We met 5 young children ranging from 4 to 12 that lived in these conditions. They came to VBS because they heard there was a free meal. That morning their grandmother, the head of the household, told them that she could not provide any more meals for them. After getting them fed we learned of their sleeping conditions. The next day we were able to provide each child with a sleeping mattress and a sleeping bag.
What would you do if a monster storm ripped through your home?
When I asked this of
Analisa, a resident of Rockport, TX, she simply cried.
On August 25th, Category 4 Hurricane Harvey made landfall near Rockport TX. The estimated 130 miles an hour sustained winds created a 13-foot-high storm surge that swept away everything in the way of its’ path. To compound the initial impact, this monster storm dropped more inches of rain in a week’s time than this area would normally receive in a year.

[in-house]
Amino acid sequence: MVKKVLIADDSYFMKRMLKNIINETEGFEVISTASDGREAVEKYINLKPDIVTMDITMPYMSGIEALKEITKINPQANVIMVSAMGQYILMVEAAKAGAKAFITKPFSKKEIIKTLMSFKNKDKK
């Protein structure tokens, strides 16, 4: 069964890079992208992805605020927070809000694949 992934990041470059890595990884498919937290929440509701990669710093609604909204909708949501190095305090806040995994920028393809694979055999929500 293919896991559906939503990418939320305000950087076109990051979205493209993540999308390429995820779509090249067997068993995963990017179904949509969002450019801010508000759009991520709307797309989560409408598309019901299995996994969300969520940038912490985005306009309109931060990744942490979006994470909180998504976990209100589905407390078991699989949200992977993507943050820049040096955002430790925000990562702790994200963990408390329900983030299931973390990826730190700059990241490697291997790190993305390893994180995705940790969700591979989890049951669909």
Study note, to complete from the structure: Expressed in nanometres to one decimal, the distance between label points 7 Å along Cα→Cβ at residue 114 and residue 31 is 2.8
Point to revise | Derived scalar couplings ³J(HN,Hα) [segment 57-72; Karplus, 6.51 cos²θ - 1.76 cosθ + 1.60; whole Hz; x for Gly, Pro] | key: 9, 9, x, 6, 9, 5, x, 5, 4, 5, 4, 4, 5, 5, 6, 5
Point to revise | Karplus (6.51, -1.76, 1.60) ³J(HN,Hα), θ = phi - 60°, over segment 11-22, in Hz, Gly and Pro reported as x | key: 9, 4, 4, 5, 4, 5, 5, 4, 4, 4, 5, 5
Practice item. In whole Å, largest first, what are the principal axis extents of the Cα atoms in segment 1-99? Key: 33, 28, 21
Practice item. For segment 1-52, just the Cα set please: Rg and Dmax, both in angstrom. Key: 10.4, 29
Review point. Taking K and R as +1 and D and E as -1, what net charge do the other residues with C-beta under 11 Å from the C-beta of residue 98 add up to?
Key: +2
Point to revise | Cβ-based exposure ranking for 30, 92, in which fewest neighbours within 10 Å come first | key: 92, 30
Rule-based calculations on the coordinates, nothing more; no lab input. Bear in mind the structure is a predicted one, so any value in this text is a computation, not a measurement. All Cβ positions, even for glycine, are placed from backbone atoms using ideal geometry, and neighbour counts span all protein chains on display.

During the onslaught of the storm, Analisa lost everything. As the days went on, finding food and clean water was becoming a problem. A group of volunteers from Indianapolis, IN traveled down to the eastern cost to serve those in need. A team of 8 people drove more than 20 hours to Rockport, TX to assist those impacted by the storm.
The team partnered with Mercy Chefs, which is a Christian relief agency that principally focuses on providing meals to individuals impacted by natural disasters and national emergencies. While in Rockport, Mercy Chef severed over 100,000 free meals. The Indianapolis team was able to assist with delivering meals to victims stuck in their homes.
This is where the team met Analisa. She had made it through the storm and was trying to access the aftermath. In her words, “my roof and walls evaporated or were blown 2 blocks over. The only thing that was untouched was my cross on the wall and my bible next to my bed.”